Tibet Rug Company

Jim Webber: Going to the Source


Foothill Oriental Rugs and Tibet Rug Company owner Jim Webber is not afraid to travel for the sake of authenticity. Since 1985, Webber has journeyed to the regions and villages where the rugs are actually made and, as a result, has formed long-standing relationships with the local craftspeople. Countries like Persia, India, Pakistan, Afghanistan, Turkey and Nepal have produced the selection of over 1,000 hand-woven rugs and textiles available in both Salt Lake City showrooms.

Born and raised in Salt Lake City, Webber graduated from the University of Utah in 1977 and became involved in the rug business after graduation through two friends who owned a retail Oriental store in the area. The friends asked Webber to open and manage a store in St. Louis, Missouri so in 1979 he became their partner and did just that. 

“I understood that, especially in those days, Salt Lake City was relatively isolated geographically and culturally from the rest of the country and had the desire to experience a different part of the country,” Webber said.   


Although the United States was going through a recession at the time, Webber managed to keep the business going. But in 1984 when his lease came up for renewal he decided it was time to go back home.

“I realized that in order to make my business successful I would need to ‘put down roots’ in the St. Louis community,” he explained.  “St. Louis is a wonderful city but being raised in the mountains I realized that was where my heart was and I moved back to Utah.”     

Webber’s friends subsequently closed their operation in Salt Lake but he decided that since he had paid his dues in terms of understanding retail as well as understanding oriental carpets,  a product that very few people without “old world” roots comprehended, he would try to open his own rug store.  


“I also decided that instead of buying from wholesalers as I did in St Louis, I would make the effort to import directly,” he added.  

Although at the time this decision was risky, it ultimately would set Webber apart from the rest.   In 1985, with $50,000 borrowed money in his college backpack, he traveled to India and Pakistan to buy inventory. In September 1985 he opened Foothill Oriental Rugs and eventually developed a cotton and a hemp rag rug, which he currently wholesales to rug stores as well as home furnishing stores throughout the United States.    

As if traveling to India and Pakistan wasn’t enough of an adventure, Webber took his exploration further.


“I had always been fascinated by the mountains of Nepal and since, on my buying trips to India, I was a 45 minute flight from Kathmandu I decided in 1987 to fly to Kathmandu to go on a trek in the mountains,” he said. “I ended up doing the Annapurna Loop – a week-long trek which was fantastic.  But more importantly, while in Nepal, through a mutual friend in Salt Lake, I was put in touch with a family of Tibetan refugees living in Kathmandu.”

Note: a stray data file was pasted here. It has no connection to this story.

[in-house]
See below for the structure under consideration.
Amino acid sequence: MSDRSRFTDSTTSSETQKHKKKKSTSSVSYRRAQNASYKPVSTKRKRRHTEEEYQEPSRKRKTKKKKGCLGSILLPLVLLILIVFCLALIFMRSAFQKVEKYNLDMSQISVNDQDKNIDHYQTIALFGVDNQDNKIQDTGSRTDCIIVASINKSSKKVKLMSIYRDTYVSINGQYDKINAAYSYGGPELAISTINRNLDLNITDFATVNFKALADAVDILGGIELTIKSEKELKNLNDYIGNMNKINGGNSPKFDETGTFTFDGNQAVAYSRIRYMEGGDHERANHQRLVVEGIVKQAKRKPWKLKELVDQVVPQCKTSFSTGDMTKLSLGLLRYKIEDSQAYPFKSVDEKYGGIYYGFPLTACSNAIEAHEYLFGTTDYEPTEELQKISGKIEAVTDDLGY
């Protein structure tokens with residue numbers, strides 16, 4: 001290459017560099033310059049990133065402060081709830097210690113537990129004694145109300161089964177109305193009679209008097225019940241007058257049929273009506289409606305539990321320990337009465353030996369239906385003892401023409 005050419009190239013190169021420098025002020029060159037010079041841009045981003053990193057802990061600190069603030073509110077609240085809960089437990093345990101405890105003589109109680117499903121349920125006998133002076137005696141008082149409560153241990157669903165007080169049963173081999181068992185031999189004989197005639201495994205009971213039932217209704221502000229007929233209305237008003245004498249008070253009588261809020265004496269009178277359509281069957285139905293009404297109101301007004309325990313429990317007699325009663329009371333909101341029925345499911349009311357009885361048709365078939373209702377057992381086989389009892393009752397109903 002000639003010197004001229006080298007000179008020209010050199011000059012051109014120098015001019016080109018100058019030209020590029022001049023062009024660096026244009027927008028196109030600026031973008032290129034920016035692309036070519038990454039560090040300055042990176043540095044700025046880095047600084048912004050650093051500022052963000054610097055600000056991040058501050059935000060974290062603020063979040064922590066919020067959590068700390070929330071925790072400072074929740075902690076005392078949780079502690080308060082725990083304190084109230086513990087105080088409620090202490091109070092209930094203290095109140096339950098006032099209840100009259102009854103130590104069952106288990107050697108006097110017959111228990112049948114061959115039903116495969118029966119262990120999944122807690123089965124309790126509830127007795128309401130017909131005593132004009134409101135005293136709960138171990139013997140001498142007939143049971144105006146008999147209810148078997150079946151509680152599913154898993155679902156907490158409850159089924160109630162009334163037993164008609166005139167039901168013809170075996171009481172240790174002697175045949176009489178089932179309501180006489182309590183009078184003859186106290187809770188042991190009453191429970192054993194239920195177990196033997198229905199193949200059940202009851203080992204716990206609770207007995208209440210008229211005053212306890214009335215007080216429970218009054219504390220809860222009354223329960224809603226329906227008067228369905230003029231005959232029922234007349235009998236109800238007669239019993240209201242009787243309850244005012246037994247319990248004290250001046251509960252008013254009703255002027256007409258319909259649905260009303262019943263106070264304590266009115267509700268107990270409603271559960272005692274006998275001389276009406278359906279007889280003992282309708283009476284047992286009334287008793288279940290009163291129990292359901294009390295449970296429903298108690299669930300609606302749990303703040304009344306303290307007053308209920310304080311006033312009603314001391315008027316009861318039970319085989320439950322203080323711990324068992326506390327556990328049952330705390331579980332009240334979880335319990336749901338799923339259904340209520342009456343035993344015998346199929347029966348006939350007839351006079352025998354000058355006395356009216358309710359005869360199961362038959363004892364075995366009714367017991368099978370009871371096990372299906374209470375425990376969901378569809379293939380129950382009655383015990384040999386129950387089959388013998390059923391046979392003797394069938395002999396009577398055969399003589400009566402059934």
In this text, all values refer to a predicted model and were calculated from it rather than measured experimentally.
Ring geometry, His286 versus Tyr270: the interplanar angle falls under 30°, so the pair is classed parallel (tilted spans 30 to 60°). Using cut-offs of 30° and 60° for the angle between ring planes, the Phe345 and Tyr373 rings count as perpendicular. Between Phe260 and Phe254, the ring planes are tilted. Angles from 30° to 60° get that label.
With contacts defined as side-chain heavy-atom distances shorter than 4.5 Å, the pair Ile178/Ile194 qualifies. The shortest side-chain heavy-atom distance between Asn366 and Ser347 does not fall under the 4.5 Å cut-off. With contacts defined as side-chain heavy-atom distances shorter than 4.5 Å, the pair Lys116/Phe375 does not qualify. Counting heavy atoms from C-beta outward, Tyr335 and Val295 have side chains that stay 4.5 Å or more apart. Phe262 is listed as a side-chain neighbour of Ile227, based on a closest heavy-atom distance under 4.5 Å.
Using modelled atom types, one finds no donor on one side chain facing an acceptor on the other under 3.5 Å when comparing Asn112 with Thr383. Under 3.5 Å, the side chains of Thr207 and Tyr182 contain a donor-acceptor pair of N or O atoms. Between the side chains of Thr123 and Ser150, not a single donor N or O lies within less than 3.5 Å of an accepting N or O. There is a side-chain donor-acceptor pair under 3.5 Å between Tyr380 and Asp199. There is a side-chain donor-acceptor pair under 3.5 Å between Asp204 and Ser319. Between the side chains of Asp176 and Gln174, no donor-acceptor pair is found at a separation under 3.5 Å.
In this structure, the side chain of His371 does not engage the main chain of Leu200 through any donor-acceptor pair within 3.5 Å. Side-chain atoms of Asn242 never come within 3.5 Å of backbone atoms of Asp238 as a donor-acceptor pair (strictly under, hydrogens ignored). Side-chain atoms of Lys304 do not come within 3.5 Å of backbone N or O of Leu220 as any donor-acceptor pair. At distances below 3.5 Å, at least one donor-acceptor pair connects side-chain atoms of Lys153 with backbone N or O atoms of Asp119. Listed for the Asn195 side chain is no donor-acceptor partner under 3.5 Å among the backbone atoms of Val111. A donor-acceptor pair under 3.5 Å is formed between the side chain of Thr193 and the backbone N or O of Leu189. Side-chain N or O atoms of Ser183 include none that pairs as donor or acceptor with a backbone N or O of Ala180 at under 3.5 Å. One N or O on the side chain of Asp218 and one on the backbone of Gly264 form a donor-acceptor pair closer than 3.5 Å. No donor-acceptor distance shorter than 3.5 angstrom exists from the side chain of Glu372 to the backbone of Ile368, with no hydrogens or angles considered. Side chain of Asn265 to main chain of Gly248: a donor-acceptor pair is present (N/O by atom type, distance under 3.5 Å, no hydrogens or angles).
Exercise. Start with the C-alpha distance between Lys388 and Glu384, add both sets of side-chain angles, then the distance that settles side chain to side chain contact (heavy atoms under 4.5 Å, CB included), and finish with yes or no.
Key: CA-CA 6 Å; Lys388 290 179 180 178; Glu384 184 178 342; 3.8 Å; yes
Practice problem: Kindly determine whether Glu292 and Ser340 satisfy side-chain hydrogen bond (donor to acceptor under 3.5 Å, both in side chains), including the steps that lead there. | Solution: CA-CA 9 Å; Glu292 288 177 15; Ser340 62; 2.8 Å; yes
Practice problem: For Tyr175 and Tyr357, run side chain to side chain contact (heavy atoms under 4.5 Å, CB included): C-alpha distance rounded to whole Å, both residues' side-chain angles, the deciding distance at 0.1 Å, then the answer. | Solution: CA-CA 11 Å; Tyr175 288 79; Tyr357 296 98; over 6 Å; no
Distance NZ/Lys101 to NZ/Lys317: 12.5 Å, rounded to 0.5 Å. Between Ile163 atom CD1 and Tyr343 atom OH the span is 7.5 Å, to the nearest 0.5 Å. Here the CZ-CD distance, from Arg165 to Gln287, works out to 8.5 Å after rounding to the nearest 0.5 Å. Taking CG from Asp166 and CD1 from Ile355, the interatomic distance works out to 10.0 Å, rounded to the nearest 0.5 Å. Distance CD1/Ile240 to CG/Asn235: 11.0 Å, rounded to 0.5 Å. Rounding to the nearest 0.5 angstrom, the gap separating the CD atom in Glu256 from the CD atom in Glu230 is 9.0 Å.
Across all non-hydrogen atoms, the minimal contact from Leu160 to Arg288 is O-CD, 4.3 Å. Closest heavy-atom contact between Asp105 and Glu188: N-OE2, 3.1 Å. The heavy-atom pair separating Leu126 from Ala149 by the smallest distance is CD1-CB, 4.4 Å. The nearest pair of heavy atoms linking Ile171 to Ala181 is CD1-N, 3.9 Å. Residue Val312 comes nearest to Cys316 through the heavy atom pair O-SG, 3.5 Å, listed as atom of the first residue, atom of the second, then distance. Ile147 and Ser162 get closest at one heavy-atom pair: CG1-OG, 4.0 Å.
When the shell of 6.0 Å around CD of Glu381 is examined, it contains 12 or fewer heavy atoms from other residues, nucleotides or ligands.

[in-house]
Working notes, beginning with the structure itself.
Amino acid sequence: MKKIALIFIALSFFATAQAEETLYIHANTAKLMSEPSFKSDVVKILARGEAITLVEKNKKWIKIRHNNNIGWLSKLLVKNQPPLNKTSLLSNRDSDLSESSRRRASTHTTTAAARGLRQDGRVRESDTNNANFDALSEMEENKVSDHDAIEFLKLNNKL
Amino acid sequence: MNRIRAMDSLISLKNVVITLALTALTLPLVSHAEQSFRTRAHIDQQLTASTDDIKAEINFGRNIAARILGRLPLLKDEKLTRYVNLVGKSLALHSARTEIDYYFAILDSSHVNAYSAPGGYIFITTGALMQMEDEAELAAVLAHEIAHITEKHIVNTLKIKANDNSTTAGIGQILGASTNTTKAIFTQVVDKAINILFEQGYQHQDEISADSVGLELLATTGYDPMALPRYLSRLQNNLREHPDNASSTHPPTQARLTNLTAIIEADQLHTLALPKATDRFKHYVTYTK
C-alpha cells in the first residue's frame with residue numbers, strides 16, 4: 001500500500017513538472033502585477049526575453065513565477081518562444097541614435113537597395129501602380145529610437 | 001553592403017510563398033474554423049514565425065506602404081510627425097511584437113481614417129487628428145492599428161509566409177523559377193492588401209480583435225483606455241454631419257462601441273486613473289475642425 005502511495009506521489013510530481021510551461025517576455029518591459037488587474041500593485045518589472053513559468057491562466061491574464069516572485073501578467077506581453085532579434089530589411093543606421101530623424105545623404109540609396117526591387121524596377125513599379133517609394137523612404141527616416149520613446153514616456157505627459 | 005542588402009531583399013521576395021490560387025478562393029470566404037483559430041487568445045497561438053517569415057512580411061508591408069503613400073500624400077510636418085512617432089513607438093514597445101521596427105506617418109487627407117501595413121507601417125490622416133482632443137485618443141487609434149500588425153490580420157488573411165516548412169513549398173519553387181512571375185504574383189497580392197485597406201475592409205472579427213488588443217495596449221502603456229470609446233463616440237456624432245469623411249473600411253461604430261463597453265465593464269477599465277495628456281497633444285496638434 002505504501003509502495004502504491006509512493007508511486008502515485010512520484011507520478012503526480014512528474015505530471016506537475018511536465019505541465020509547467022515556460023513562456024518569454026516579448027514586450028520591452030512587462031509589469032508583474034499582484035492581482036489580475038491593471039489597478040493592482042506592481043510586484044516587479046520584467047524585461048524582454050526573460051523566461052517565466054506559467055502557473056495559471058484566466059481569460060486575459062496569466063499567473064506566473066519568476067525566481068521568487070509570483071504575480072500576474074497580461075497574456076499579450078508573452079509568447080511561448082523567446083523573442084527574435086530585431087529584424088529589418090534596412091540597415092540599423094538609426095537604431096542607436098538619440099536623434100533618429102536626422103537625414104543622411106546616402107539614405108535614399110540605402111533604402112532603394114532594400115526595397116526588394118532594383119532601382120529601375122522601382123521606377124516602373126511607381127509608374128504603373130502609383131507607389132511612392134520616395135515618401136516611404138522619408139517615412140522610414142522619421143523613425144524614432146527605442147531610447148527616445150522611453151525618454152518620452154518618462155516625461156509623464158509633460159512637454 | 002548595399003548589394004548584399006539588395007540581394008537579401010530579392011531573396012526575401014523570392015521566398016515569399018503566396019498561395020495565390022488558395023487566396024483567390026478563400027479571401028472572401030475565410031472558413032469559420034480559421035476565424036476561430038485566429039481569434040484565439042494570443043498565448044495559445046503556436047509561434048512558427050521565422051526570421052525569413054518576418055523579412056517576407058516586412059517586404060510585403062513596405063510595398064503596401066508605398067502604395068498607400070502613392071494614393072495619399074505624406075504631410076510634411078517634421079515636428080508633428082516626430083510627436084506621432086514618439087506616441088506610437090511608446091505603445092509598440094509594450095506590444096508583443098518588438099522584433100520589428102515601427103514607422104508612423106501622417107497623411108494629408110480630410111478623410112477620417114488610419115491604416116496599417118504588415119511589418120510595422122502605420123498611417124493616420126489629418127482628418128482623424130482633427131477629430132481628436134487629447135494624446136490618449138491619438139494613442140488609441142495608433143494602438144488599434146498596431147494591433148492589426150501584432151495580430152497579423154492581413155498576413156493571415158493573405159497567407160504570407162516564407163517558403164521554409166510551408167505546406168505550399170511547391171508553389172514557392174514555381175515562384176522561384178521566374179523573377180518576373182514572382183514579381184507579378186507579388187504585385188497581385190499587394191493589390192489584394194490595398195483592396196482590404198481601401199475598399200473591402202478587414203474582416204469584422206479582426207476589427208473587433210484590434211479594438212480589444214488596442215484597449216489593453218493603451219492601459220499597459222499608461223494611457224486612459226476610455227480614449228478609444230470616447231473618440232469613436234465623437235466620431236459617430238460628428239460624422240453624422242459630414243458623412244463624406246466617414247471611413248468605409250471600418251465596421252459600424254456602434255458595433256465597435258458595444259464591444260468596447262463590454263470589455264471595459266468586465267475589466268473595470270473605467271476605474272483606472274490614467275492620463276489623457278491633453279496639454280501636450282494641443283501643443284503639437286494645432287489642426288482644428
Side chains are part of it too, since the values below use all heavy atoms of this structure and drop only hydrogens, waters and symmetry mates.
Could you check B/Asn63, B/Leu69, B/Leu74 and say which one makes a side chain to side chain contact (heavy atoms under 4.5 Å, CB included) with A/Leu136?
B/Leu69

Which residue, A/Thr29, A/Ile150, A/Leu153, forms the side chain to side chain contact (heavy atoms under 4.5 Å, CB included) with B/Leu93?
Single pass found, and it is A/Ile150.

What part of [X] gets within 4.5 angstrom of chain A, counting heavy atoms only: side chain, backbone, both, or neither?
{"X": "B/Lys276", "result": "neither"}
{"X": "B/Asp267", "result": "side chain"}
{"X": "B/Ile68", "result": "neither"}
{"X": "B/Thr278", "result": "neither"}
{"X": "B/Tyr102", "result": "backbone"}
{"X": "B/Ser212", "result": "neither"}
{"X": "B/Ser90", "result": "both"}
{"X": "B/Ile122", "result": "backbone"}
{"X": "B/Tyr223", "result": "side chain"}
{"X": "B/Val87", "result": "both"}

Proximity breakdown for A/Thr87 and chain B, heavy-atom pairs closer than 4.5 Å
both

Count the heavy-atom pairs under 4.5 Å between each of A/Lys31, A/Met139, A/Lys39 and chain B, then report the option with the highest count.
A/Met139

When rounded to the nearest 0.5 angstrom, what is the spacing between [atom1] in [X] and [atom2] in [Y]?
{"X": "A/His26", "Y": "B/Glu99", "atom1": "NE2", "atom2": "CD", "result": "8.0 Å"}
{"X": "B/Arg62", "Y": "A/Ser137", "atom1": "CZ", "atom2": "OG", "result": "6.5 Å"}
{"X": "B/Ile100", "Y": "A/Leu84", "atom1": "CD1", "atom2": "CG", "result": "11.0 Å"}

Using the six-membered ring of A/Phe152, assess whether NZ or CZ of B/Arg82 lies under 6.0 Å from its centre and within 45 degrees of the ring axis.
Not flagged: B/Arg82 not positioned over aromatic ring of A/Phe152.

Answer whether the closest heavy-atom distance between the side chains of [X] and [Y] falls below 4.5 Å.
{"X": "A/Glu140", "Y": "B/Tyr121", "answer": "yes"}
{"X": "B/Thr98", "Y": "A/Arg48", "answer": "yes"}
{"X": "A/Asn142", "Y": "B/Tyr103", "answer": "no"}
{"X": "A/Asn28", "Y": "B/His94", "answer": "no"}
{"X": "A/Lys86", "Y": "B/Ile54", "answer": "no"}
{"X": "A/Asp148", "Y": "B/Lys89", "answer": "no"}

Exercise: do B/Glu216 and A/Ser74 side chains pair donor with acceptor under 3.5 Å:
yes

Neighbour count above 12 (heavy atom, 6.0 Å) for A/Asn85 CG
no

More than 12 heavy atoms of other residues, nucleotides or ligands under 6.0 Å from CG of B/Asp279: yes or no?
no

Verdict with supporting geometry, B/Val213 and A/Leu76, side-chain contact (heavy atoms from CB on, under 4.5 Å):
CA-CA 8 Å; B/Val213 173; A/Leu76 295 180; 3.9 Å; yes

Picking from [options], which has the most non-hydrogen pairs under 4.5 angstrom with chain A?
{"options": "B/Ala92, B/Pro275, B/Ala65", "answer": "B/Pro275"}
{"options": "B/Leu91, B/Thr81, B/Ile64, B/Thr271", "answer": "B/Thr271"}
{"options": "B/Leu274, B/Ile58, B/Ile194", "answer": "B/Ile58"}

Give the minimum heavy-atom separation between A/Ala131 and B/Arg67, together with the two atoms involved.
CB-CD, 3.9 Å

This adventure proved yet again to be lucrative because it turned out that the family owned and operated a carpet factory Nepal.

“Before this I was not fully informed regarding the Chinese invasion of Tibet in 1959, with the result of hundreds of thousands of Tibetans fleeing their homeland and living primarily in Nepal and India,” Webber explained. “There seemed to be some very strong karma at work in terms of meeting these Tibetans because I’m sure I was the only person in the world, born and raised in Utah, in the handmade carpet industry.”


Webber befriended them and in 1991 formed Tibet Rug Company. 

“The idea of this partnership was that I would design and market the rugs on this side and they would run the production on that side,” he said. “To the best of my knowledge, Tibet Rug Company is the only Tibetan rug importer that owns its infrastructure in Nepal.  All other Tibetan Rug importers deal with sub-contractors on that side in terms of manufacturing their product.” 

When asked what he enjoys most about his profession, Webber said “mixing with wonderful cultures and creating great designs.”

“Products like handmade carpets are becoming a rarity in today’s ‘cookie cutter’ world,” he explained. “Real people actually sit at looms and tie knots with their hands and the resulting product is not only the finest quality floor covering, it has aesthetic/artistic value as well, and the carpet brings a unique ‘spiritual’ energy to your home.”

Tibetan Rugs and Values Shared at The Scarab

Similar to Webber, Jane and Larry from The Scarab cherish artistic, handcrafted items that bring something special into the homes of their clients.


“I met Larry and Jane at a trade show in Atlanta and although they are clearly good people I didn’t really appreciate their rug operation until I visited their store,” Webber said. “I see a lot of rug stores around the country and The Scarab is definitely top of the scale. The staff is wonderful and Larry and Jane’s expertise and buying skills are, to the discerning eye, evident in the merchandise in their shop. It is also evident that Larry and Jane care about the wonderful cultures represented by the products in their store. The people in the Vail/Beaver Creek areas of Colorado are lucky to have The Scarab as part of their community.”     



View our selection of rugs from Tibet Rug Company.

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"A visit to the Scarab is like a free day at an exquisitely curated folk art museum...the collection is rare, precious and sublime, the staff is friendly, knowledgeable and resourceful. Whether I need that special gift or perfect accent, I always know a treat awaits."
- Sarah D.